The first vignette (vv. 1-4) contains at least two entry points for preaching. The first is Jesus’ location in “the wilderness.” Many significant biblical themes connect here: the “formless void” of the creation story, an angel speaks to Hagar in the wilderness, the Israelites wander in the wilderness after the Exodus, “…the word of God came to John son of Zechariah in the wilderness (Luke 3:2b).” Though barren places seem particularly hostile to humans, these are the places where God seems to consistently show up throughout scripture. The second entry point comes into view when we realize that, despite the adverse conditions present there, the wilderness is part of God’s creation. Perhaps this is why Jesus refuses to use a stone, part of the created order, to meet his own needs. Jesus rejects the temptation to assuage his own desire by using his power to mine creation for whatever material good benefits him.
The second vignette challenges the suggestion that we preachers ought not to say anything about politics from the pulpit. Here, Jesus is confronted with the possibility of accomplishing his agenda through the kingdoms of the world. What makes this passage particularly preach-able is that it gets to the heart of the Church’s problem with globalized neoliberal political systems: while these systems ask nothing less of us than the devotion of our whole selves to the “free” market, Jesus reorients our devotion by calling the church to reevaluate whatever faith it may have in presidents and parliaments. “Worship the Lord your God, and serve only him (Luke 4:8b).” During a time when Christians might find themselves bogged down in trite political rhetoric, Jesus cuts through the noise with a refreshing reality check: only the Lord is worthy of our worship and devotion.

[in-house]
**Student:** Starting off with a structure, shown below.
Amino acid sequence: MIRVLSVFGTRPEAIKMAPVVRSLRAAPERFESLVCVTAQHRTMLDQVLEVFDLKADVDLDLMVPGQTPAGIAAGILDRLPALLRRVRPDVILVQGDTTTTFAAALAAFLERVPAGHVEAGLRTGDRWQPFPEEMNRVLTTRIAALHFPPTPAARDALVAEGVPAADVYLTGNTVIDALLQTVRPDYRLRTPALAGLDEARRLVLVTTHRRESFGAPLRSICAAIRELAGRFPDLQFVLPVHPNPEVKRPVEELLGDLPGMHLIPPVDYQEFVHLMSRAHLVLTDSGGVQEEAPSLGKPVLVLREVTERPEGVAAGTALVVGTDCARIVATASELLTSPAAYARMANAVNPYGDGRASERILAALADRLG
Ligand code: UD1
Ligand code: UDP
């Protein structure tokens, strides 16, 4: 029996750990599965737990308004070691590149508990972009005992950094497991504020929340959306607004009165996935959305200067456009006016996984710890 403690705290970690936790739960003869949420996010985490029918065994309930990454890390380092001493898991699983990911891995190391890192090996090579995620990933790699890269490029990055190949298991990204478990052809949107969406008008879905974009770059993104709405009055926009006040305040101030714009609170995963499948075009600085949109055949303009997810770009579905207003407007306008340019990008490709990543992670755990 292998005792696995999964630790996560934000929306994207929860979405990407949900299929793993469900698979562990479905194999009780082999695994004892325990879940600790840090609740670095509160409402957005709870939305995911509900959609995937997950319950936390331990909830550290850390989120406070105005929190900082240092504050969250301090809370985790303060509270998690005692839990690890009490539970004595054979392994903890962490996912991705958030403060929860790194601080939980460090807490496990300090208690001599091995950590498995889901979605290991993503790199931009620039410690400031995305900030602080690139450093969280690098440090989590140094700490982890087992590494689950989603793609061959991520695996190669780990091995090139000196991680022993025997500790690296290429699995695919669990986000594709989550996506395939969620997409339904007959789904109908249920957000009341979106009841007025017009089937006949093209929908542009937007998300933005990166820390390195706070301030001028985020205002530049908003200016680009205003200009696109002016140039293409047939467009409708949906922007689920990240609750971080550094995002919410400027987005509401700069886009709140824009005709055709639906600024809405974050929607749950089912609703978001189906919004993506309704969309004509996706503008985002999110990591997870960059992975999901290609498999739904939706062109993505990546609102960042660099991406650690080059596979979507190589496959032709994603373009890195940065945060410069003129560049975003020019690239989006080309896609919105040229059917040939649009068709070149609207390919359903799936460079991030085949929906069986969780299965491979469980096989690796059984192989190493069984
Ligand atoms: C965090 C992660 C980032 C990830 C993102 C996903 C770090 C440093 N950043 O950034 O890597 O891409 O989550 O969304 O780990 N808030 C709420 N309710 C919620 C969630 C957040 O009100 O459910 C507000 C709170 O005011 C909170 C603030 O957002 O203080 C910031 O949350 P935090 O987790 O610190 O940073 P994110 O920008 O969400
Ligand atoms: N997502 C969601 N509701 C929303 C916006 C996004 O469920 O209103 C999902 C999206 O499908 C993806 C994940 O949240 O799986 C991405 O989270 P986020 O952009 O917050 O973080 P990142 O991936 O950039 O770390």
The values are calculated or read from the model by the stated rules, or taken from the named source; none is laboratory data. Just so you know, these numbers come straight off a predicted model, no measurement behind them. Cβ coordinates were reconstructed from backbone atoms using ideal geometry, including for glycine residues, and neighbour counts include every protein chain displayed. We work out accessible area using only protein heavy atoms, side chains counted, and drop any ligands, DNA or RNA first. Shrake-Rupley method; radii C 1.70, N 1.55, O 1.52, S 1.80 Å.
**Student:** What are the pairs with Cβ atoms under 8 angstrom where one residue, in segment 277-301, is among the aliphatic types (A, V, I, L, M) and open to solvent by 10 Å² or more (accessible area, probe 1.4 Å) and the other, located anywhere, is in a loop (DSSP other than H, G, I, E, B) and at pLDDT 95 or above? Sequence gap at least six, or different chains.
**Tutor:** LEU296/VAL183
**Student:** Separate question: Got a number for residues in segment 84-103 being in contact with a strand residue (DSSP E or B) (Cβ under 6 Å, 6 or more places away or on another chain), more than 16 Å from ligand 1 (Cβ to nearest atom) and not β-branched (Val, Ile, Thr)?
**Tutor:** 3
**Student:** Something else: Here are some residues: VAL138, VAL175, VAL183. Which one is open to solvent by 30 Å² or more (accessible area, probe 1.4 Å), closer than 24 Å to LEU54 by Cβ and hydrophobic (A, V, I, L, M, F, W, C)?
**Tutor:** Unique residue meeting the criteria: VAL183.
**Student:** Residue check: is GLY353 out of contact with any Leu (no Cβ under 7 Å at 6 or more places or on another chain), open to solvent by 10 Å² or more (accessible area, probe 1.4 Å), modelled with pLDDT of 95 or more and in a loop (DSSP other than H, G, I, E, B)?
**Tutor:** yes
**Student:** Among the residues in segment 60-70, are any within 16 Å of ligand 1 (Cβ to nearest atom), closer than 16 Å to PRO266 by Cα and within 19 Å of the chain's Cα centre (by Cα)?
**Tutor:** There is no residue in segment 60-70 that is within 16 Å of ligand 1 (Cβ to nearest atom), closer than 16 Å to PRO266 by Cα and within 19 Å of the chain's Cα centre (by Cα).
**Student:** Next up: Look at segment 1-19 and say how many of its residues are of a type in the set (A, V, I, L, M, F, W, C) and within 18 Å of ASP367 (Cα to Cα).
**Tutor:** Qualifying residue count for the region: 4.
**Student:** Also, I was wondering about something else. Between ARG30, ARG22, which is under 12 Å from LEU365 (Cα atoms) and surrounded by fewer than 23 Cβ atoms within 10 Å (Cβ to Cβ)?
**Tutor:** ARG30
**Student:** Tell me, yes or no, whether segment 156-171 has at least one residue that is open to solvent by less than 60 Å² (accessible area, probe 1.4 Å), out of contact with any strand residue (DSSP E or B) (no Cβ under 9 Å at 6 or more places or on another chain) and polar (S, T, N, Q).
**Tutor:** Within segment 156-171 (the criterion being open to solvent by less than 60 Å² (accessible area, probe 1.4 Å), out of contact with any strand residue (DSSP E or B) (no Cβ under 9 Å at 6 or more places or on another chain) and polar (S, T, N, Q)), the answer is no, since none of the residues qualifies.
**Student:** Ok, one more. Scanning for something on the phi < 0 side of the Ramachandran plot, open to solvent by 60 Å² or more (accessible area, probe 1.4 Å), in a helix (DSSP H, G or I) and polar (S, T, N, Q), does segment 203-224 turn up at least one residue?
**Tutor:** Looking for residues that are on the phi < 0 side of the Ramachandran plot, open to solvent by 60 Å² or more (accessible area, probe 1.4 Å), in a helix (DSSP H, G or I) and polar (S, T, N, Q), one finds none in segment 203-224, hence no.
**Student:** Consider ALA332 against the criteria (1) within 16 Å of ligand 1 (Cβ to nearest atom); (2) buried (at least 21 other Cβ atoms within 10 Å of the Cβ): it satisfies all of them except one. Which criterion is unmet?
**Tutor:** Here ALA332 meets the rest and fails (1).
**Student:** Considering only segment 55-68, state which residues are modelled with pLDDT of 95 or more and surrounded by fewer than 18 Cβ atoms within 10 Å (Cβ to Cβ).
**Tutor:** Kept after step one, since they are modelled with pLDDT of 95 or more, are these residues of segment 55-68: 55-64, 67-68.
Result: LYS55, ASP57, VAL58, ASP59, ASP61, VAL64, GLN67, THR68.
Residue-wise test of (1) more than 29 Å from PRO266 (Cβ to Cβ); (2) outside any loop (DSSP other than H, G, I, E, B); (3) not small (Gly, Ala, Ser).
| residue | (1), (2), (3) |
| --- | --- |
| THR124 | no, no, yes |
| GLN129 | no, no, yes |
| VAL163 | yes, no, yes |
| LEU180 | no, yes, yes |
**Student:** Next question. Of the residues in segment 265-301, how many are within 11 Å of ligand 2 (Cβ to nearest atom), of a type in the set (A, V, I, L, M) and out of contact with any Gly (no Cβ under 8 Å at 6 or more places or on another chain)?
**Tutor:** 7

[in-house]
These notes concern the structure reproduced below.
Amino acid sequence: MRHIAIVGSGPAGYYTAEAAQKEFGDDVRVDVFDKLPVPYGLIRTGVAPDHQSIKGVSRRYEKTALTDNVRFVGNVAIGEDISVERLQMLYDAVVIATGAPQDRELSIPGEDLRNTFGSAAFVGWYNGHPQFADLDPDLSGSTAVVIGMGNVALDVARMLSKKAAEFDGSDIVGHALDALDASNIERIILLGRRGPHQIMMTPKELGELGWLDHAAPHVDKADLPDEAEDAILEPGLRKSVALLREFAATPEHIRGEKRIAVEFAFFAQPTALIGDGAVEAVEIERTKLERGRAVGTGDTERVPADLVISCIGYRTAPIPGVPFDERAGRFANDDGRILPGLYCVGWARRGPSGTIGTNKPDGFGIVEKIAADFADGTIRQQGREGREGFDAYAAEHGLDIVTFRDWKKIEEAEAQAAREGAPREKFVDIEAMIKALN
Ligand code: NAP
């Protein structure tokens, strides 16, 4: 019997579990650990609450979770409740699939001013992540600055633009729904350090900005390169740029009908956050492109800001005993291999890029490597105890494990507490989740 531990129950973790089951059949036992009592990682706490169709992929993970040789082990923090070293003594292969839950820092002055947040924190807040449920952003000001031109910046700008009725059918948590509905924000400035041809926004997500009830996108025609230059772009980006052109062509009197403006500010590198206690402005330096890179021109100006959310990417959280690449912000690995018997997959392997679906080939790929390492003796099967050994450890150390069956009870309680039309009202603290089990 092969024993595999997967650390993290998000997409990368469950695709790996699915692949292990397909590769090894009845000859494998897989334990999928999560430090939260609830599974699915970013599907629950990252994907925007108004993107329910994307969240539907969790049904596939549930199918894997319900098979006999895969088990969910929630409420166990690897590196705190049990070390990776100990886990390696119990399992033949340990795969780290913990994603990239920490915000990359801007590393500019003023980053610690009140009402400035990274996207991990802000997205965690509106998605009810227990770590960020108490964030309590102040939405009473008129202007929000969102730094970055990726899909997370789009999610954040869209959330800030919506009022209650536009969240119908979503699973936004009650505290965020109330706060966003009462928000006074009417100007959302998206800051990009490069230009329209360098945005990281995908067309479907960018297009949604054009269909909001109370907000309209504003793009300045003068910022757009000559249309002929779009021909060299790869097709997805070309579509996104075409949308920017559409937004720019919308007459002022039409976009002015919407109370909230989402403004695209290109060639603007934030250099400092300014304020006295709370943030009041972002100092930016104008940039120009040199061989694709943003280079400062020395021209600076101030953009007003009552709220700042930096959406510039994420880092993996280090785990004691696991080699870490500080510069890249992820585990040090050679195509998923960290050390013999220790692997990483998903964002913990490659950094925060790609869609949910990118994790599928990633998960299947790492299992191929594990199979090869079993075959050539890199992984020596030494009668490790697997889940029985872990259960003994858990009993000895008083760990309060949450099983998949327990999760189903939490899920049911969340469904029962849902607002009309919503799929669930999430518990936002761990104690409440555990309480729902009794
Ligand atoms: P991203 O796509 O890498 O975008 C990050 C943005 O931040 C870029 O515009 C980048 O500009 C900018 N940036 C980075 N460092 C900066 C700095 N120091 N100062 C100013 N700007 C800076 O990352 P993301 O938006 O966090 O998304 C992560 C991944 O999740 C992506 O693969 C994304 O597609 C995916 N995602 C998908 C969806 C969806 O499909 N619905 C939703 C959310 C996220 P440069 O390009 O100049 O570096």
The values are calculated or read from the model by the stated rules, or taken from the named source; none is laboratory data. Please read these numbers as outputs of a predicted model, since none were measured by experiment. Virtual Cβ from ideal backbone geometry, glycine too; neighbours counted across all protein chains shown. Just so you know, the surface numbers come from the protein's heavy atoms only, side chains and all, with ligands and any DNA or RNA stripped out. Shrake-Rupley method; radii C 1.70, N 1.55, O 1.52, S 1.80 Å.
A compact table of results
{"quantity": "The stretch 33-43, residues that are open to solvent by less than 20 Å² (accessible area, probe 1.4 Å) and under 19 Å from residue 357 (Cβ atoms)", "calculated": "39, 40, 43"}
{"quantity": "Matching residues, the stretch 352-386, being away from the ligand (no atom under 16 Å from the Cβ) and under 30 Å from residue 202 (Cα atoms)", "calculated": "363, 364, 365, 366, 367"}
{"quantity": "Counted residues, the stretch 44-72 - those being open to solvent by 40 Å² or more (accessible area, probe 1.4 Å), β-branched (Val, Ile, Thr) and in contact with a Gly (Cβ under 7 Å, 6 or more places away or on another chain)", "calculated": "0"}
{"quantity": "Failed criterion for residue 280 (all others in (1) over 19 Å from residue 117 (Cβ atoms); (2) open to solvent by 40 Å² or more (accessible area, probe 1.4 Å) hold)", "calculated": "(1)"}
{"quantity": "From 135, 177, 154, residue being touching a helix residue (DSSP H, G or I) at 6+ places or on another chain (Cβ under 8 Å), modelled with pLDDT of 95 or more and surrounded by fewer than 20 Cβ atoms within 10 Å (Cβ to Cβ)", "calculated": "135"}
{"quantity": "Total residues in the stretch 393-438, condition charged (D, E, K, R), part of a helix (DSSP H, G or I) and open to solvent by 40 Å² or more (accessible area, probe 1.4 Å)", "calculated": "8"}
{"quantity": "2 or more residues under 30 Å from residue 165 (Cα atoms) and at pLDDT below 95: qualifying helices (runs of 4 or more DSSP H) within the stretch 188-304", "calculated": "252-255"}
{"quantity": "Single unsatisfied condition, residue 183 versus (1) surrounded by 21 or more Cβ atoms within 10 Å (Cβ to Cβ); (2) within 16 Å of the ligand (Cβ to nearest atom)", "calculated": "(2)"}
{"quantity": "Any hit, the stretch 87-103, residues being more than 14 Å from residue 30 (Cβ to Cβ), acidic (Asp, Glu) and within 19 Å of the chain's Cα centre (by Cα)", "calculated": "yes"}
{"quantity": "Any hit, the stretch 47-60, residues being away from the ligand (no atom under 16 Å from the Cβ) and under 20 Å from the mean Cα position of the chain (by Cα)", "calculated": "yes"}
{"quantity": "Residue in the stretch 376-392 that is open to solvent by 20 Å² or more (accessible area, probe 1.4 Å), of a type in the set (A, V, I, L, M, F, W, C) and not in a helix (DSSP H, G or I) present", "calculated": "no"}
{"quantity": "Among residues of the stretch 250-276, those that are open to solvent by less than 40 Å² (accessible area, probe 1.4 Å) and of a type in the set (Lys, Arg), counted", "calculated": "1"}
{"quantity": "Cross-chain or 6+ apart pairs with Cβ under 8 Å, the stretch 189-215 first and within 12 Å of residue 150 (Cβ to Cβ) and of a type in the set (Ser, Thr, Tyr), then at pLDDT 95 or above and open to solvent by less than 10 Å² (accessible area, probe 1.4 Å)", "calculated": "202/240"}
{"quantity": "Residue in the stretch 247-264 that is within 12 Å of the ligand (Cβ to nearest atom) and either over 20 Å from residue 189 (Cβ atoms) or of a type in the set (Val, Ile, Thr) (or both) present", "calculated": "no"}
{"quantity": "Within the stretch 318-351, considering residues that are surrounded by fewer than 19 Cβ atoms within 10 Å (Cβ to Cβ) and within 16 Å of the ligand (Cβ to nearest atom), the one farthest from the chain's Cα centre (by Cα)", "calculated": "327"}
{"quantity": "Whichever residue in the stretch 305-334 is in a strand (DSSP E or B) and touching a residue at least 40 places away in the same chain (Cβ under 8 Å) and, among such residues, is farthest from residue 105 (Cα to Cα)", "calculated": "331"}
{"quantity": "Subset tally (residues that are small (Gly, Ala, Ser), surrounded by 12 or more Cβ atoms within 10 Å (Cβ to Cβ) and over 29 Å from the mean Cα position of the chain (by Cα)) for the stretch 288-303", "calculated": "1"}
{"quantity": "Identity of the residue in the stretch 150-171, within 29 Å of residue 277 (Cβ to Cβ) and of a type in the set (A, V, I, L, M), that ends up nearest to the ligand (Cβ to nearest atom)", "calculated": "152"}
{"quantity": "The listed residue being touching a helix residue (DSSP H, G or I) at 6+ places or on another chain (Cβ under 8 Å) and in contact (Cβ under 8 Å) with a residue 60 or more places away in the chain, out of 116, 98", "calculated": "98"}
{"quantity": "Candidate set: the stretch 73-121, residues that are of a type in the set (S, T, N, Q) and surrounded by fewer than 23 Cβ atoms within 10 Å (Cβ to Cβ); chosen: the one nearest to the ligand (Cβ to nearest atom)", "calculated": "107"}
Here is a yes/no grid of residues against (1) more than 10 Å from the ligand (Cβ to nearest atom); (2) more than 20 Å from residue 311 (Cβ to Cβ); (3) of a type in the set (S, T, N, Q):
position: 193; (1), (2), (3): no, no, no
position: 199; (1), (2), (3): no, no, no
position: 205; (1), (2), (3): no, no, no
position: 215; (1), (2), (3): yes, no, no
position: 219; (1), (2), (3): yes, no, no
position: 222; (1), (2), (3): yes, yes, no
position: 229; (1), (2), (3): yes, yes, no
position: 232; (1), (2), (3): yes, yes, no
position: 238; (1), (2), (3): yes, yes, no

The third vignette invites preachers to proclaim the good news about “trust.” To trust in God is often considered virtuous especially when it is attached to people who are perceived as doing that which is “heroic.” We need to trust in God when we feel we are beyond our limits. While this is true for pastors and lay people alike, we rarely ask how we arrived beyond our limits. Has God led us there? Or have we exerted heroic effort because it makes us look good, feel effective, or helps us fit in with an upwardly mobile culture? Just as the devil invites Jesus to trust the angels who will catch him as falls, so too are we tempted to exert heroic effort that is baptized in the rhetoric of “trusting God.” In this temptation we find ourselves all too willing to put God to the test. Jesus’ refusal to throw himself down from the temple places the Father’s gracious initiative before his own. Jesus does not force the Father to act on his behalf by going beyond his limits. Rather, Jesus is committed to following the Father who goes before him, leading him in the way of truth and righteousness. Here, preachers can point to Jesus as the one who models the path of discipleship by trusting the Father who goes before him rather than using his own power to achieve the result he thinks is best.  Luke Timothy Johnson, The Gospel of Luke (Collegeville: The Liturgical Press, 1991), 76.  Johnson, The Gospel of Luke, 76. “Jesus will not force the Father’s hand. He will be the servant who ‘hears as those who are taught’ (Isa. 50:4), and who ‘walks in darkness yet trusts in the name of the Lord’ (Isa 10:10)…”